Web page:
dig deep, trust yourself.

Why we don’t take our own advice … and how to start.

You have one life to live.  THIS life.  Decide what you want, and take it.  The power is yours.  How many times have you read that line from me? Many.  And yes, it is true.  I full heartedly believe in self-empowerment and have experienced firsthand the grand power the mind holds.   However, there are a lot of things that I want, that I do not believe in myself, or make the moves to achieve.

Talk to him about it, tell him how you feel.

Stop eating your entire weight in cereal on a weekly basis.

Knuckle down and spend the time to accomplish it.

This is advice I would give you.  More importantly, I would believe these statements and empower you with all I had to do the same.  However, if I told myself these things—actually I do tell myself these things—I wouldn’t believe the validity or see the answer in them. I don’t believe them when it is me on the receiving end.

No, I am not a fraud.  I am just a human, and as humans we struggle to take our own advice.  It is not that our advice is false, because it is not, it is simply that when we give ourselves advice, we find a way to believe we are an exception and our minds work to justify why the advice doesn’t apply to us.  It is frustrating.  It really is. It is like a plague—the person we should trust the most, we often trust the least.

Yes, I am going all Engineer on you again.  Here is the scientific reasoning:

As yourself, you know everything: your thoughts, your emotions, your background, your desires, your everything.  Therefore, any decision becomes a subjective one, and you lose the ability to rationalize your thinking.  Everything you suggest to yourself is affected by your emotions and the questioning of your mind.  Think about it like this… when you ask someone to give you advice, all they have to their knowledge is the hard facts you supply them with.  Sure, you could let your opinion be heard, or your emotions come out, but the ‘advice giver’ is easily able to dissect the facts from the feelings and spit back to you an objective, rational answer.  However, if you were to sit in a room with yourself, you not only have the facts running around, but you have your emotions and desires tainting them, pulling them left and right, twisting them up and down, eventually causing you to lose sight of the basic scenario, and the rationality of the situation.  We often find a way to convince ourselves that we are the exception to our own advice or the advice doesn’t apply to us.  This is a figment of our emotions.  Concurrently, this is our internal struggle to look deeply inward and be ‘harsh’ on ourselves.  Emotions cause us to hesitate to delve deeper into these feeling, and to push past them and get to the truth on the inside. We feel emotions and we stop—we don’t want to go deeper.  We don’t want to dissect them.  We don’t want to be ‘harsh’ and bring ourselves back to reality.  This is why we take others advice more easily than our own.  1. They don’t feel the emotions we feel, therefore they have the ability to objectify the decision rationally and 2. They aren’t afraid to be full heartedly real with the truth.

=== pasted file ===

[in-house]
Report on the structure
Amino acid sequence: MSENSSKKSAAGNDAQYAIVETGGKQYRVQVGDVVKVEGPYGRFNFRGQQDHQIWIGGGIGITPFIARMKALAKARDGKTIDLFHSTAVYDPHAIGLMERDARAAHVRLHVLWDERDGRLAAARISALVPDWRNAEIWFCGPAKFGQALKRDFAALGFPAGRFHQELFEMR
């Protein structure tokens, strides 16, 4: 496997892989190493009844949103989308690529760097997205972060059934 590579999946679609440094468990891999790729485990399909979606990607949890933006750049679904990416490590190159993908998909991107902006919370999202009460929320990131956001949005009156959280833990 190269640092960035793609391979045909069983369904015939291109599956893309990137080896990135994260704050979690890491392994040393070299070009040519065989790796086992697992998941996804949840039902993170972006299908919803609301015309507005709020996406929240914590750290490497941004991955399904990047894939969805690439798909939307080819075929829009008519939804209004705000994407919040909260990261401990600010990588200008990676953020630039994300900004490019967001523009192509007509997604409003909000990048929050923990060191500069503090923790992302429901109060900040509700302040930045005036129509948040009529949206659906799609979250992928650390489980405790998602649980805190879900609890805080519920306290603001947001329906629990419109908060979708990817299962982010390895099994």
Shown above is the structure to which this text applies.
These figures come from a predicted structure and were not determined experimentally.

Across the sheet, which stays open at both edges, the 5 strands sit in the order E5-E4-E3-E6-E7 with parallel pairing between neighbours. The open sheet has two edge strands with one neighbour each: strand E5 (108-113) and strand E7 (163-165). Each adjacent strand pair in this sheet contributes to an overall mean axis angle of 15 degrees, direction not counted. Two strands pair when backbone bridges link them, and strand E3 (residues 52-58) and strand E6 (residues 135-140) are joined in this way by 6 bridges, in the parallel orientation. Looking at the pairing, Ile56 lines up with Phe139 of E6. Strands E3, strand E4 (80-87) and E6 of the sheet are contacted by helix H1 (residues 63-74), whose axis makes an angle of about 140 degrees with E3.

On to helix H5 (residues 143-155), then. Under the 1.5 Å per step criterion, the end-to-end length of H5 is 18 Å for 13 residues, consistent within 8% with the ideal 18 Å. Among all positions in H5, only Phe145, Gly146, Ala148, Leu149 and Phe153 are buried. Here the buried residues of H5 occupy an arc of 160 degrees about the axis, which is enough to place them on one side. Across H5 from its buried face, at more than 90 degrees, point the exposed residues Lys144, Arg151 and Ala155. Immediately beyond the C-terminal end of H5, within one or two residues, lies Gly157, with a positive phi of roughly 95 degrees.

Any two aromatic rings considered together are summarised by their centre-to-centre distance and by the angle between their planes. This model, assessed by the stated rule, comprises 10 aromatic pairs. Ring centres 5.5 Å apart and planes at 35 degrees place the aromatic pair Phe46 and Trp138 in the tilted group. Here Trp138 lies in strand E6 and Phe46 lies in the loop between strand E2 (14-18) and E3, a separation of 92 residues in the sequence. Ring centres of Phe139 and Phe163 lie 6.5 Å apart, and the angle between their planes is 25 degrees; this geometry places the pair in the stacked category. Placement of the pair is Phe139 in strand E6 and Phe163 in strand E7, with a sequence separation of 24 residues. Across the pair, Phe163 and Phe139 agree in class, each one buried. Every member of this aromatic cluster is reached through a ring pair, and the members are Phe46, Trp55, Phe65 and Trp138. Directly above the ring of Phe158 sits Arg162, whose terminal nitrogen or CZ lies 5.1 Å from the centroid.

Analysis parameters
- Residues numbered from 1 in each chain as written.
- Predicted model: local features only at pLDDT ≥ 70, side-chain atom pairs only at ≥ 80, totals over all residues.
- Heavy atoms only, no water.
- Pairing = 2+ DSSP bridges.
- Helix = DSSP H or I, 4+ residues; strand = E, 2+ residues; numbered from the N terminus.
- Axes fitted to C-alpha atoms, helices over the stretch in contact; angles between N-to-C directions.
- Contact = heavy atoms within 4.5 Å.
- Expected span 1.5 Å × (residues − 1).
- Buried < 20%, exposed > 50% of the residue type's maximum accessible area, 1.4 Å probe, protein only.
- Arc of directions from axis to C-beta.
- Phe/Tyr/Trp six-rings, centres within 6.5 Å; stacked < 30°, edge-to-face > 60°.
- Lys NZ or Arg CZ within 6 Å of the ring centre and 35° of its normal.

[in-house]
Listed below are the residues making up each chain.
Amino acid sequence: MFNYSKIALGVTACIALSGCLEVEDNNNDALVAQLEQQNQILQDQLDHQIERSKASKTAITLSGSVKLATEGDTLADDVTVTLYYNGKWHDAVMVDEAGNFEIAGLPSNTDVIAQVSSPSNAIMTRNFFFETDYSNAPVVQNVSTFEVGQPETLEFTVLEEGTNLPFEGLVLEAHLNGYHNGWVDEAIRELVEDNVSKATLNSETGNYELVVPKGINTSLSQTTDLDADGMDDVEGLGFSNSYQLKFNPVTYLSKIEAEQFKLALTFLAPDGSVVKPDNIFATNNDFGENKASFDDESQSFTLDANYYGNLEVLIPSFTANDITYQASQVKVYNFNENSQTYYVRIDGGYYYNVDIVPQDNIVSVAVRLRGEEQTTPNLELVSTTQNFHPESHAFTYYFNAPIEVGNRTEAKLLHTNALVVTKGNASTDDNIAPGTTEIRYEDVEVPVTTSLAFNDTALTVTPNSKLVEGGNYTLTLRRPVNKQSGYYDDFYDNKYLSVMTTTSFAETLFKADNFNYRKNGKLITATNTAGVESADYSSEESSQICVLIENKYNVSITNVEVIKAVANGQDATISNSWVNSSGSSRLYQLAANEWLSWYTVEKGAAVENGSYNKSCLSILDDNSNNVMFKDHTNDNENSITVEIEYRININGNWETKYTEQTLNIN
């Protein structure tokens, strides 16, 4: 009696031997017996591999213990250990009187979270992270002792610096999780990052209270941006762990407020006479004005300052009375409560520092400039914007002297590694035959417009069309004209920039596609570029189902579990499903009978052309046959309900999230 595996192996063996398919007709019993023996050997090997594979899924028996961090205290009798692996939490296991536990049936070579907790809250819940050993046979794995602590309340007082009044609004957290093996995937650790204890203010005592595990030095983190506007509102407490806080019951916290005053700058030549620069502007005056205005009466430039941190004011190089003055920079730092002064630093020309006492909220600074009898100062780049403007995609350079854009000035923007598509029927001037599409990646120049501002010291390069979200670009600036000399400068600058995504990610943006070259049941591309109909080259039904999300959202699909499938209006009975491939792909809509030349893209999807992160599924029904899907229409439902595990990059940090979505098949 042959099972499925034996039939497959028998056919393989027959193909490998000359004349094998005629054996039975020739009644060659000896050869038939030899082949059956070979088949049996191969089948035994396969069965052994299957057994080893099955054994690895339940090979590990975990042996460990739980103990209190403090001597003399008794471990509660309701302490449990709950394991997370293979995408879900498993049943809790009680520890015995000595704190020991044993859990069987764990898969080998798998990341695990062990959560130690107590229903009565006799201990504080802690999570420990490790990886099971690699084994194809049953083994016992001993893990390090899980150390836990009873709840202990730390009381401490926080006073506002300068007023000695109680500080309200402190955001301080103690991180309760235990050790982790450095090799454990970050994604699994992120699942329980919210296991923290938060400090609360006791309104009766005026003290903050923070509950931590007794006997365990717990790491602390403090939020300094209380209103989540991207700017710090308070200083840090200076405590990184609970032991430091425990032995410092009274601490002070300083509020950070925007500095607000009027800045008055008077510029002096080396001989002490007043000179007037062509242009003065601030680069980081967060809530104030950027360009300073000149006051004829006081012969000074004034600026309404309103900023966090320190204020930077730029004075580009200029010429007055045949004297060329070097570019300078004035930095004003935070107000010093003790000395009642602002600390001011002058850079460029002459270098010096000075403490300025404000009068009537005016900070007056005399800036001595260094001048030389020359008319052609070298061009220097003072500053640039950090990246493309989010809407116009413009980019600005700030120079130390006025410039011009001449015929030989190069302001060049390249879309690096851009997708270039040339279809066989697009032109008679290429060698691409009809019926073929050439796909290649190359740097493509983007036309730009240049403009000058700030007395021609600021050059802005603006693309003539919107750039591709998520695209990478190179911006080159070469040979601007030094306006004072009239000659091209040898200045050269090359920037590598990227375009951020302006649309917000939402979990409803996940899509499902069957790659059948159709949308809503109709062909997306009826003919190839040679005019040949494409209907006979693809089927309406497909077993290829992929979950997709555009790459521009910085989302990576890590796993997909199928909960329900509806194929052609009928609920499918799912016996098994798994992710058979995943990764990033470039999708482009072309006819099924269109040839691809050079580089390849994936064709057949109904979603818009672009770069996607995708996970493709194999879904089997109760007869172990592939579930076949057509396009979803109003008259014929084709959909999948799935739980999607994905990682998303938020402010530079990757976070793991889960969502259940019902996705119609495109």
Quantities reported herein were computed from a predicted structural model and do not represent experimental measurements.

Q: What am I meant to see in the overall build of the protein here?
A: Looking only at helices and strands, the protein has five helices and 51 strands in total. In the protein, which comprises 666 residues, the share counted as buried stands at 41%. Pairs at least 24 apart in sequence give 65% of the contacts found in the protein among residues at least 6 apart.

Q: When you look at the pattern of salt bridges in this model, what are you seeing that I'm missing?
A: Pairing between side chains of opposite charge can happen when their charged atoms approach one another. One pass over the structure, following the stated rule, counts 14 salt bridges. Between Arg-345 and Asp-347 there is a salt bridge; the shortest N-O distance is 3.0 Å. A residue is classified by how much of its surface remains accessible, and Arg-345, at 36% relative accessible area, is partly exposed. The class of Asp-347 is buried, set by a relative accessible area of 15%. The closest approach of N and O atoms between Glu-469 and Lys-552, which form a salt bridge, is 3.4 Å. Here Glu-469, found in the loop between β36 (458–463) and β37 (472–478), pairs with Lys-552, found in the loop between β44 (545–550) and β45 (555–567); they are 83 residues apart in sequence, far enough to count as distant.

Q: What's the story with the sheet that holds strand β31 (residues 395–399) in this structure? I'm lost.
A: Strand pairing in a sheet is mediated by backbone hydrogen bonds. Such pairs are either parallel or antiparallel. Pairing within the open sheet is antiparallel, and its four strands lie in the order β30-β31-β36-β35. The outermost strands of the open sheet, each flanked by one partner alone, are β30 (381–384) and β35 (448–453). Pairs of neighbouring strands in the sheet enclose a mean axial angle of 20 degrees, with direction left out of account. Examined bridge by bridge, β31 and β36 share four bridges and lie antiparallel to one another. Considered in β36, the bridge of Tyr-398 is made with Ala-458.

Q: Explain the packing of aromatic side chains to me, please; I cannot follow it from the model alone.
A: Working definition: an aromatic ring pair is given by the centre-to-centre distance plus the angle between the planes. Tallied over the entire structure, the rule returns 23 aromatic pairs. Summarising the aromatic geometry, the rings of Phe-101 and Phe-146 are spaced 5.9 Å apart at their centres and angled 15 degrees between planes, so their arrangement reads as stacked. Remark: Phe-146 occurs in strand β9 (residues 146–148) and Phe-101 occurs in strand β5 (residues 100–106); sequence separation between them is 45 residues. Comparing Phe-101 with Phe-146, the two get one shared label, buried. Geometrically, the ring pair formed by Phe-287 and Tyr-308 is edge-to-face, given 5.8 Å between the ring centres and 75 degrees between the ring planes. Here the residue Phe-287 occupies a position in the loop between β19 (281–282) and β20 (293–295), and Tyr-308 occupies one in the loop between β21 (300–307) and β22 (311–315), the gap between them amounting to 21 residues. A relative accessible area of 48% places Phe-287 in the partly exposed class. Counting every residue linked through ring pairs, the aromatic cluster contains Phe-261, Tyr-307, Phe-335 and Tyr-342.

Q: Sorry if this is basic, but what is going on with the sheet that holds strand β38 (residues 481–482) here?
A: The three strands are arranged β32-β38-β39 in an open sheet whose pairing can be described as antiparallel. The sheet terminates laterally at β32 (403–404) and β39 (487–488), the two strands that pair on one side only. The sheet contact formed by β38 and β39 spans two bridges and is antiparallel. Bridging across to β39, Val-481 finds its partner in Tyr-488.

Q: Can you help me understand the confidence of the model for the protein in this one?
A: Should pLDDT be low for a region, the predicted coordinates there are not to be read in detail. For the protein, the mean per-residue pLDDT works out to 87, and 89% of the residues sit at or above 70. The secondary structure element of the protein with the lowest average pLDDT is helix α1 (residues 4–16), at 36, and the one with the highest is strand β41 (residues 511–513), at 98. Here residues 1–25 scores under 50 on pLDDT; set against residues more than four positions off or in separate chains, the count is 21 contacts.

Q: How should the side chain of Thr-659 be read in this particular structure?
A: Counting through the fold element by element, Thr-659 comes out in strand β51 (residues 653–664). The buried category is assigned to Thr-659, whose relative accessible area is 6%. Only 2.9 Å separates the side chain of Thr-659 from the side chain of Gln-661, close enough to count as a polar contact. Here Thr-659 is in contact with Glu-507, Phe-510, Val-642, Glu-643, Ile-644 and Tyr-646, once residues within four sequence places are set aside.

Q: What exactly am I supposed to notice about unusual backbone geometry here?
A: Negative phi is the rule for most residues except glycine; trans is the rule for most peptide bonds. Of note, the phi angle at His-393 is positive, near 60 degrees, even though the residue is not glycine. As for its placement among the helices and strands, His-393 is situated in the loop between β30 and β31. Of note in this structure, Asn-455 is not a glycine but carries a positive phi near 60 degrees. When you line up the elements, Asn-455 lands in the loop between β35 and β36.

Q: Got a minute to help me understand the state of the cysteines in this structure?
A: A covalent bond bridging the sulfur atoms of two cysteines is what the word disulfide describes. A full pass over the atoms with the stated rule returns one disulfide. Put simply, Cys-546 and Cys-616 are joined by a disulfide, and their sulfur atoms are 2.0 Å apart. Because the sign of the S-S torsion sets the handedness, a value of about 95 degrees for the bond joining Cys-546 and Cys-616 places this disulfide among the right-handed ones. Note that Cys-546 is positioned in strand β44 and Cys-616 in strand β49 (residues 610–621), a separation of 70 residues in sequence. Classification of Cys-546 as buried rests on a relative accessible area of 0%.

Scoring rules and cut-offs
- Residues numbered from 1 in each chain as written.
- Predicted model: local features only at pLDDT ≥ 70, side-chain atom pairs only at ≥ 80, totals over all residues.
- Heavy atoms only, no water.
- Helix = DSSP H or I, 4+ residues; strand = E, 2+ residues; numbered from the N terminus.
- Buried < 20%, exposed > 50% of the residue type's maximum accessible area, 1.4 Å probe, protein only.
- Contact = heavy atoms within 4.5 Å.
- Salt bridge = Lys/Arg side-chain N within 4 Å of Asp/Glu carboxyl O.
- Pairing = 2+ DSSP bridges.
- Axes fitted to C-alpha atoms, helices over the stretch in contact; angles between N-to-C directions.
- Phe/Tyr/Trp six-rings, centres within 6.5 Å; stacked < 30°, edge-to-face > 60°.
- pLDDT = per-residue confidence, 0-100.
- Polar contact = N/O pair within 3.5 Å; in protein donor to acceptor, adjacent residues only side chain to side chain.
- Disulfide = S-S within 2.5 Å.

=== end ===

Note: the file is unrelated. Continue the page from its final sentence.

OK, cool, that was demoralizing.  No, that was not the point—those are just the facts.  This happens to everyone and it is OK.  Being human is OK.  More than OK, actually.  But, here are some tips I have discovered to help you defeat this barrier between yourself and.. well yourself.

Bounce of of others.  Give yourself advice, and then “double check” it with a friend.

Write it out.  Write out the situation and then read it as someone looking in.  Respond how you would if a friend were coming to you with the same situation.

Stop being so harsh on yourself.  Do you know the saying, “treat others the way you want to be treated”? Well, it works both ways.  TREAT YOURSELF the way you would treat others.  We are far too often incredibly harsh on ourselves in our minds.  However, 9/10 times the things we say, or think, to ourselves we wouldn’t say to another person.  There is no need for this.

Stop saying “I should” and just do.  A simple change in word choice can make a world of difference.

Whatever your ‘but’ case is, flip it. Usually the thing keeping us from taking our own advice is the ‘but’.   I should talk to him but I am nervous he isn’t interested. No, flip it. I am nervous he isn’t interested but I should talk to him because I am not positive.  I should apply for another job because I am not happy but I don’t want to offend my co-workers so I won’t.  No. I don’t want to offend my co-workers but I should apply for another job because I am not happy. Get the idea?

 

We have one life to live, THIS life, YOUR life.  Decide what you want, and take it.  TRUST YOURSELF to get you there.

YOU MAKE YOU.

Xoxo, Colby

P.S. If you can’t find me on Instagram, I have updated my name to be.happyhealthyfit !

 

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2 comments

[…] what to do”, and then I laughed (literally) as I realized I just wrote an entire post about not taking your own advice.  If I wanted to do more for YouMakeYou®, I should just do it.  I flipped my […]

[…] woke up today and realized that I need to start taking my own advice–honoring myself, my mind and my body.  Despite the fact that I still have 3 more exams to go […]

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